By Sarah N. Lynch and Susan Cornwell
WASHINGTON (Reuters) - An outside adviser to U.S. President Donald Trump called on Sunday for the firing of Consumer Financial Protection Bureau director Richard Cordray.
Corey Lewandowski, Trump's former campaign manager who still speaks regularly to the president, criticized a CFPB rule that would make it easier for consumers to sue financial companies. Currently, many consumers are required to settle disputes related to credit cards and other banking products through mandatory arbitration.
“It’s my recommendation to the president of the United States to fire Richard Cordray,” Lewandowski told NBC's "Meet the Press."
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The CFPB is the brainchild of Massachusetts Democratic Senator Elizabeth Warren. Created by the 2010 Dodd-Frank Wall Street reform law, the bureau is charged with protecting consumers from predatory lending practices that were commonplace during the financial crisis.
Under current law, the president can only fire Cordray for cause. The legal burden to show cause is high, and Cordray's term does not expire until July 2018.
Cordray is widely expected to run for governor in Ohio, though he has not announced any plans to do so.
Lewandowski said Cordray's potential political aspirations were part of the reason he should be ousted, saying "if he wants to run for governor of Ohio, go run for governor of Ohio, but don’t do so while you’re sitting in a federal office right now."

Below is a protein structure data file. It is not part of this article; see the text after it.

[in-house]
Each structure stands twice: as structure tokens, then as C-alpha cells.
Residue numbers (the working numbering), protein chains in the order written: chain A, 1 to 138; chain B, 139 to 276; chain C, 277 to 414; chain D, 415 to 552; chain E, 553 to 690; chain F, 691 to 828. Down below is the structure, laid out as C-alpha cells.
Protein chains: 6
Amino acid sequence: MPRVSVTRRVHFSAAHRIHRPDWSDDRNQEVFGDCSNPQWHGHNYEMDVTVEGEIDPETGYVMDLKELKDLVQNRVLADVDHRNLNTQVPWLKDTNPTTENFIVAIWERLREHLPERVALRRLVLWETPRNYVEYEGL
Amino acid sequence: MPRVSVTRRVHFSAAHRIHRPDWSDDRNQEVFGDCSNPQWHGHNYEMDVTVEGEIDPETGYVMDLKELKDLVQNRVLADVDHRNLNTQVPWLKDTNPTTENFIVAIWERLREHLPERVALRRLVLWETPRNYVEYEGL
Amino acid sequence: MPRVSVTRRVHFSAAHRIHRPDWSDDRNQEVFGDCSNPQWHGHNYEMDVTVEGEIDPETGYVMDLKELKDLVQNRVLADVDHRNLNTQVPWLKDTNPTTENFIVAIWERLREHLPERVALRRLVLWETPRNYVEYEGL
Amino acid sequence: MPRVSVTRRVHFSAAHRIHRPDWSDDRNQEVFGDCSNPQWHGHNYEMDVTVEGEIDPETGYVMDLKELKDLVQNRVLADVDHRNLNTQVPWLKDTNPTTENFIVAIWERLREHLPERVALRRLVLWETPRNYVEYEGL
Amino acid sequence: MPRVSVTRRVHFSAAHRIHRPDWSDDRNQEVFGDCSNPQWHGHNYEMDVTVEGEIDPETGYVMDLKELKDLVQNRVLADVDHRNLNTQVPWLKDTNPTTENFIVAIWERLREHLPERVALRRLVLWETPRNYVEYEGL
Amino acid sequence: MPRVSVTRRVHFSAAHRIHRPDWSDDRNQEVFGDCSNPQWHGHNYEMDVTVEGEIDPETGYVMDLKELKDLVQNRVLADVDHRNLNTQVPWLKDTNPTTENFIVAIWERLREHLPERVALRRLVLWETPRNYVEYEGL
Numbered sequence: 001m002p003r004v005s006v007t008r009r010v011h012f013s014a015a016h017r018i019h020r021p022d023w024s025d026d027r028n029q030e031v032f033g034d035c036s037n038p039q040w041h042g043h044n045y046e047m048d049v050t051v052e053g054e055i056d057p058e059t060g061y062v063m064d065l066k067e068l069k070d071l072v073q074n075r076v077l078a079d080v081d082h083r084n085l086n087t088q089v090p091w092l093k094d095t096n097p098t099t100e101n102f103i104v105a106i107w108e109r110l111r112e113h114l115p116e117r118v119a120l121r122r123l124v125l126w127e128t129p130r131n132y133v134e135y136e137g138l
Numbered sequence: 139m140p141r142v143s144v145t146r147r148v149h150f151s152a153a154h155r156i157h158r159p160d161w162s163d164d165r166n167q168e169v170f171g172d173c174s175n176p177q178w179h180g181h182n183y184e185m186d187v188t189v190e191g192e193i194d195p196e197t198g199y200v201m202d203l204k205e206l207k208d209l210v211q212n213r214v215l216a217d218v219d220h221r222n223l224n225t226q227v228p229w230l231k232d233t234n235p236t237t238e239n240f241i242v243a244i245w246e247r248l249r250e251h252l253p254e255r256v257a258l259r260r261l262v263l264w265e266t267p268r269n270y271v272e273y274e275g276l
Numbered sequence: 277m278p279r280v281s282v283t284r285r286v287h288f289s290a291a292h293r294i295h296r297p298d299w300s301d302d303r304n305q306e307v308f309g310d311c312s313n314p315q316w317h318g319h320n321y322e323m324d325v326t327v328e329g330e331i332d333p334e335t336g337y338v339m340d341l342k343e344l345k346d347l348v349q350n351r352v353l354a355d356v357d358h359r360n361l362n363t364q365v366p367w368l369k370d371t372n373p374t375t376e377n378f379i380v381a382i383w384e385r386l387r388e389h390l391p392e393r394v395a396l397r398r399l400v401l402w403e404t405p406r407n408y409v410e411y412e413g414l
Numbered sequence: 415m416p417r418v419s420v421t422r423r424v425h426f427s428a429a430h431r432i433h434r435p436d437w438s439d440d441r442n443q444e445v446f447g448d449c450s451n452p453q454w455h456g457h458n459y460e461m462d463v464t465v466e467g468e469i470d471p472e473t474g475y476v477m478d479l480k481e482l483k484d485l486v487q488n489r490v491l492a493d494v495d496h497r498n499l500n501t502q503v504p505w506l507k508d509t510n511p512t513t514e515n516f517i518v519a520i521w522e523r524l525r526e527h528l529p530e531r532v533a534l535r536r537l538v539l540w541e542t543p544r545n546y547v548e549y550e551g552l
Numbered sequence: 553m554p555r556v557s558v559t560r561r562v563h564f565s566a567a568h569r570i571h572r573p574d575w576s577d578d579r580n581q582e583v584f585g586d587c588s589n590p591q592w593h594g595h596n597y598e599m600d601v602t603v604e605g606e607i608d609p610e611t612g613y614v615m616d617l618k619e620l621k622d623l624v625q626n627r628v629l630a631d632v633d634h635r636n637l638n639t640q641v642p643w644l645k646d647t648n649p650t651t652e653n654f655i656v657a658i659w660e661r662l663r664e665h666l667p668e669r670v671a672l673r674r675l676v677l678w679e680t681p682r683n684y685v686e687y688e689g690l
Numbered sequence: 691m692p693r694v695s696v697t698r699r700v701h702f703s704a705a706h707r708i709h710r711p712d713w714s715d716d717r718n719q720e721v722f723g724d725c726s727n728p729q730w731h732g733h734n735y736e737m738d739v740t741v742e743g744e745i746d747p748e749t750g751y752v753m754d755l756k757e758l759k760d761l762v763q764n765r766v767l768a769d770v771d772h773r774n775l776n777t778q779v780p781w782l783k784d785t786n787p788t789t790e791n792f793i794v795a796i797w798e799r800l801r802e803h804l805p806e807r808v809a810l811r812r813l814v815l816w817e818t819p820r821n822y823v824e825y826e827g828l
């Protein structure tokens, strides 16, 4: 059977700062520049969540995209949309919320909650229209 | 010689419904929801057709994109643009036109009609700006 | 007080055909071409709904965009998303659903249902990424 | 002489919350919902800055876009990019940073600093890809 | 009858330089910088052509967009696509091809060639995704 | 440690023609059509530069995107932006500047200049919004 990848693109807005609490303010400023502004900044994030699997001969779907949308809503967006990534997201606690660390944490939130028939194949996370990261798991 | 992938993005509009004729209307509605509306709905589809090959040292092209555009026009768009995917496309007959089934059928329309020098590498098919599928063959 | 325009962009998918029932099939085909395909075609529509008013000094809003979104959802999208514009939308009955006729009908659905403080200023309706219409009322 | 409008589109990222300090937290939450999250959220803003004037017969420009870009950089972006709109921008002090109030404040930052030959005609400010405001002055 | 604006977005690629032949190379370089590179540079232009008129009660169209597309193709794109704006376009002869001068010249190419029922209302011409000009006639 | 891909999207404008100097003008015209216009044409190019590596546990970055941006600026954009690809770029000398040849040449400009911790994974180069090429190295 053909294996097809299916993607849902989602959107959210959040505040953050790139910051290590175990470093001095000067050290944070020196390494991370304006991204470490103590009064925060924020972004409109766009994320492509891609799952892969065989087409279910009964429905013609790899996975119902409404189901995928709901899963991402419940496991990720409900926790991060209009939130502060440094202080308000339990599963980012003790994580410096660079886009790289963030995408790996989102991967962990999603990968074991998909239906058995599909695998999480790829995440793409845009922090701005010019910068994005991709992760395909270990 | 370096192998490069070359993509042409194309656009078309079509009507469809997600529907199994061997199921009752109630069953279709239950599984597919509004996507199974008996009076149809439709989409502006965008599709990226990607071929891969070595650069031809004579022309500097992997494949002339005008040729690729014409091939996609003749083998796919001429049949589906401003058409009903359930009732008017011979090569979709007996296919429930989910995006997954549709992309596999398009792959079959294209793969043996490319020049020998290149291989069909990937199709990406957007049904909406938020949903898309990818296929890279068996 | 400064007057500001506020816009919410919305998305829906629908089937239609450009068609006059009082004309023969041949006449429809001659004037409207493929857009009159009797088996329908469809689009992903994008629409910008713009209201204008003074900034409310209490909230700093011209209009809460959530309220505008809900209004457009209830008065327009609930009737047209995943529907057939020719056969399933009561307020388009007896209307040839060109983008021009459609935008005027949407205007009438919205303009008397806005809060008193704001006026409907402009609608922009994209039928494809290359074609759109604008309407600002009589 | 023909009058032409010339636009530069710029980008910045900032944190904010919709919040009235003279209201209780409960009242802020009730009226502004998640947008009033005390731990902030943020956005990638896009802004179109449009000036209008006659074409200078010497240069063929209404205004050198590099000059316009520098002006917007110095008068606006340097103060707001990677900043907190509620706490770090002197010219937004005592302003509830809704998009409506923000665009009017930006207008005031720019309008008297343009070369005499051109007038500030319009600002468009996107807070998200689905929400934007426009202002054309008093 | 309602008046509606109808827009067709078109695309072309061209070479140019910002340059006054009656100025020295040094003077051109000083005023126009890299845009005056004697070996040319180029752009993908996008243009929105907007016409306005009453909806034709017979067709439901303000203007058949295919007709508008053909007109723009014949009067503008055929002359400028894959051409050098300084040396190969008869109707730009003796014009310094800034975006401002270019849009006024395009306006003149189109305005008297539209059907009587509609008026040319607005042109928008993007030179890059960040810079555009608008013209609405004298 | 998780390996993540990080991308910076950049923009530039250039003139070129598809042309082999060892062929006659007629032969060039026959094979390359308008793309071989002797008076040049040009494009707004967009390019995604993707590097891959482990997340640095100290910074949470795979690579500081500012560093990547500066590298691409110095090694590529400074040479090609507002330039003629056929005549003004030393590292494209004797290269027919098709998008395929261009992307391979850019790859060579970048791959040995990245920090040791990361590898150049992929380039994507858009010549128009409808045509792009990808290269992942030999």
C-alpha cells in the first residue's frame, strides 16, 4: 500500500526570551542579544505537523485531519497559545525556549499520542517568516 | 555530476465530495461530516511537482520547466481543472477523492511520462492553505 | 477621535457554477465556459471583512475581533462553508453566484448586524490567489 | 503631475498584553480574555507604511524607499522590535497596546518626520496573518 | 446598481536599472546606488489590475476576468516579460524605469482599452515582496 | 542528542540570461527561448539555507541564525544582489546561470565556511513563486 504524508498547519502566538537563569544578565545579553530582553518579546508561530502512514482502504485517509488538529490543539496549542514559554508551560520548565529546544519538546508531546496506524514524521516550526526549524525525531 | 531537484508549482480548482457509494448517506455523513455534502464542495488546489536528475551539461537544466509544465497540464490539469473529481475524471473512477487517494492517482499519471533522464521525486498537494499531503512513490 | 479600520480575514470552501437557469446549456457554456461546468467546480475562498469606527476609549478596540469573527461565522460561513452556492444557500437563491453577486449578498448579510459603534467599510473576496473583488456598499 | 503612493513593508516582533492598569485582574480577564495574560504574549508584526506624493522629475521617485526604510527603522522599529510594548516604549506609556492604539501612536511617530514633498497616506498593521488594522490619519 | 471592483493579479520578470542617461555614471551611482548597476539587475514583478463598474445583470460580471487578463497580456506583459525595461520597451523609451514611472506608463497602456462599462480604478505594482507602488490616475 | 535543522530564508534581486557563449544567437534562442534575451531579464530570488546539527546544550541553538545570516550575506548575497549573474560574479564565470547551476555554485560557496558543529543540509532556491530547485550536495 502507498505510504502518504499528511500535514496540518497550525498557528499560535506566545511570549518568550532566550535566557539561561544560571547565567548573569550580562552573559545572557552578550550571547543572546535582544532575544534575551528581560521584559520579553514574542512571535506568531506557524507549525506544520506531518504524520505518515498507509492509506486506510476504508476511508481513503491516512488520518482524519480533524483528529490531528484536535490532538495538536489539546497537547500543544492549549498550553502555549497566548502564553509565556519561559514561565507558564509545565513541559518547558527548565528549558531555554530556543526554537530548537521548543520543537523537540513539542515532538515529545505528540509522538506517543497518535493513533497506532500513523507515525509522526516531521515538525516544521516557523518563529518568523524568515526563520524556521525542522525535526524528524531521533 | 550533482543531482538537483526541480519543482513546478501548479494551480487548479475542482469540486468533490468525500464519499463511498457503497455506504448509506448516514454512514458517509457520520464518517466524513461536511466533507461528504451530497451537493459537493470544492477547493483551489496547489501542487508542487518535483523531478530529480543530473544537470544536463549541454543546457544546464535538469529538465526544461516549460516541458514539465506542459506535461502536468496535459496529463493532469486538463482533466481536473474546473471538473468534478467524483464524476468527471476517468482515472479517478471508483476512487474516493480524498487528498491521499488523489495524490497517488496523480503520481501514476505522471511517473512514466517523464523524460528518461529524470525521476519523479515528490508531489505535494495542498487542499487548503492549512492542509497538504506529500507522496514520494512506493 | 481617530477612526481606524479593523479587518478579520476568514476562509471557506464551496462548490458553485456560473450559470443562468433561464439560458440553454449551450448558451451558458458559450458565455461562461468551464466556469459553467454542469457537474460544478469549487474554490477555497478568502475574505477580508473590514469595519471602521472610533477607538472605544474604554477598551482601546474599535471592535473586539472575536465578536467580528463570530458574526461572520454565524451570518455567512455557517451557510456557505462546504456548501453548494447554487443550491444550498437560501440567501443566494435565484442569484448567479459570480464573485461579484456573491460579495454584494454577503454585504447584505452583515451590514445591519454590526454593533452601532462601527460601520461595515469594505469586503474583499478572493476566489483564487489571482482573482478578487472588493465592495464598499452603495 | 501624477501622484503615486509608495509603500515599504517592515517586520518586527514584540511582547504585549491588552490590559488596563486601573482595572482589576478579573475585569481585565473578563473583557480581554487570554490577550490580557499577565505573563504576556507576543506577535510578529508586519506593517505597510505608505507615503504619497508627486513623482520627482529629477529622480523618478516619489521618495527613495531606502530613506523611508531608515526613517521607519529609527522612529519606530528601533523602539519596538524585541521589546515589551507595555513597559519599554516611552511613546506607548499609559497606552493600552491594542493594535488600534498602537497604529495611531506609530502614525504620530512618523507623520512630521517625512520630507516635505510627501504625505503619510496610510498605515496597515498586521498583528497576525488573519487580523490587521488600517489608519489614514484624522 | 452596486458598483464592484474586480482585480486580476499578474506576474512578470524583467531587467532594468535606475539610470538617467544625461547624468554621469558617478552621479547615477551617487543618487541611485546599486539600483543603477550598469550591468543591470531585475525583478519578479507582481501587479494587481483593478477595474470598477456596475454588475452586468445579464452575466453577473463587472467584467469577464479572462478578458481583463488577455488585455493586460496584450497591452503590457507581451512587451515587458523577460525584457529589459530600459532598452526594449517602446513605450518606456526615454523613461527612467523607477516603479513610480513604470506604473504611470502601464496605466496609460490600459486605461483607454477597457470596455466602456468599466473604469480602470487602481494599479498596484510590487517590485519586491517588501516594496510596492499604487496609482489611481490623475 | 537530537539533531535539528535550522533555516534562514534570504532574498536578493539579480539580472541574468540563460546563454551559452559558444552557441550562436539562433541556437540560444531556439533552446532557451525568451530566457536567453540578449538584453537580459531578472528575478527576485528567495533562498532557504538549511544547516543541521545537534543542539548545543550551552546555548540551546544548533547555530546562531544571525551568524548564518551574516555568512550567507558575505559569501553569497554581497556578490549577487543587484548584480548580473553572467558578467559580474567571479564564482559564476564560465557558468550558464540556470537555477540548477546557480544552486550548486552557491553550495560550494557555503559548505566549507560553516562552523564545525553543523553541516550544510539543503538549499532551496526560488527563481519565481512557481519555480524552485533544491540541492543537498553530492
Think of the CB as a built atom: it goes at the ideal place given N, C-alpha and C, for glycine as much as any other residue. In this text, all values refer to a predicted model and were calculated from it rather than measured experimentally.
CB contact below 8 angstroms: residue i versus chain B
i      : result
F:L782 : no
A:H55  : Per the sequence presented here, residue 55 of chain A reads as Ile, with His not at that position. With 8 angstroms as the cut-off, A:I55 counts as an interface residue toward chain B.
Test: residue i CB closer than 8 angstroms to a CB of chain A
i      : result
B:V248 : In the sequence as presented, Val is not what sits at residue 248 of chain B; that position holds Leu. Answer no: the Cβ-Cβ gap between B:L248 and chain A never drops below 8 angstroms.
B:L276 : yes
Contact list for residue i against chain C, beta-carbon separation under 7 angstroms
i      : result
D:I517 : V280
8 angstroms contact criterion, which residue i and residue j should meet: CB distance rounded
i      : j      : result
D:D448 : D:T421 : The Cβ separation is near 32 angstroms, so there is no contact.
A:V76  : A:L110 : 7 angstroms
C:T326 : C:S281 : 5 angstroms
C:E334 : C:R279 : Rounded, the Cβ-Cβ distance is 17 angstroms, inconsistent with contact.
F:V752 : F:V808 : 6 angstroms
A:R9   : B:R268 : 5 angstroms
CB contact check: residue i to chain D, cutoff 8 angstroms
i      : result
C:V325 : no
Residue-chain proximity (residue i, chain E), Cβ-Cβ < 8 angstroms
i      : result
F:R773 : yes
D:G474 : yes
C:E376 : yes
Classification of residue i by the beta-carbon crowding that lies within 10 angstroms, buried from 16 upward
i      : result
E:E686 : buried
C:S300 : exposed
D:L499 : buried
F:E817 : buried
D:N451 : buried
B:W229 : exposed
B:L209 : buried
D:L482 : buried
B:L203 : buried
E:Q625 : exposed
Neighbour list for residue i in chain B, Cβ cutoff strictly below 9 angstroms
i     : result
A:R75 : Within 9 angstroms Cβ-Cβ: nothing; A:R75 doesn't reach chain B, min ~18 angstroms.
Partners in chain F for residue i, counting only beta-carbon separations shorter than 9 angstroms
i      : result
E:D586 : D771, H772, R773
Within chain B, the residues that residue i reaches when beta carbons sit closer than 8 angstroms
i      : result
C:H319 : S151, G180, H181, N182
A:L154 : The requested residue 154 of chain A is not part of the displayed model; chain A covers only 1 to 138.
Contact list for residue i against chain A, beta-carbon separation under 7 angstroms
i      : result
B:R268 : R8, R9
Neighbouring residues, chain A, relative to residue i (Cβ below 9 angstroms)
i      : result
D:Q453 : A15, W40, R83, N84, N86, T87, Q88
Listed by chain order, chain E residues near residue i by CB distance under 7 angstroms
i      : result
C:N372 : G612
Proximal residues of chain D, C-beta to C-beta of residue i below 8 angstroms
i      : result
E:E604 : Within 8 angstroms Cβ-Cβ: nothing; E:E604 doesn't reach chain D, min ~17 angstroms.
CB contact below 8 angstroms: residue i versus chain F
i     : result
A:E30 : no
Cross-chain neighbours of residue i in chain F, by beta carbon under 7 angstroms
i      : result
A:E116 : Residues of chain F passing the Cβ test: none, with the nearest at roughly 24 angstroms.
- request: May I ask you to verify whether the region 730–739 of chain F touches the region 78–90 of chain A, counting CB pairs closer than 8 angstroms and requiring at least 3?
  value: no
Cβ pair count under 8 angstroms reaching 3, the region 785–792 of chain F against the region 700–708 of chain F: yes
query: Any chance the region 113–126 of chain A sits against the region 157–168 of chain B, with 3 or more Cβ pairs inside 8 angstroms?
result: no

A CFPB spokesman did not have any immediate comment in response.
Republicans fought the creation of the CFPB and have long complained the agency wields too much power without enough accountability to the president or Congress. They have accused it over imposing overly burdensome regulations that they say may unduly harm consumers.
A U.S. appeals court is weighing a case involving whether the president should be allowed to fire Cordray at will, and not just for cause. If Trump were to remove Cordray prior to the court’s ruling, it would likely escalate the ongoing legal battle.
When asked if his comments about the CFPB were driven by business interests he represents, Lewandowski said he had no clients with such interests before the agency.
However, Lewandowski previously worked for Avenue Strategies, which is registered to lobby for Ohio-based payday lender Community Choice Financial.
(Reporting by Sarah N. Lynch; Editing by Nick Zieminski)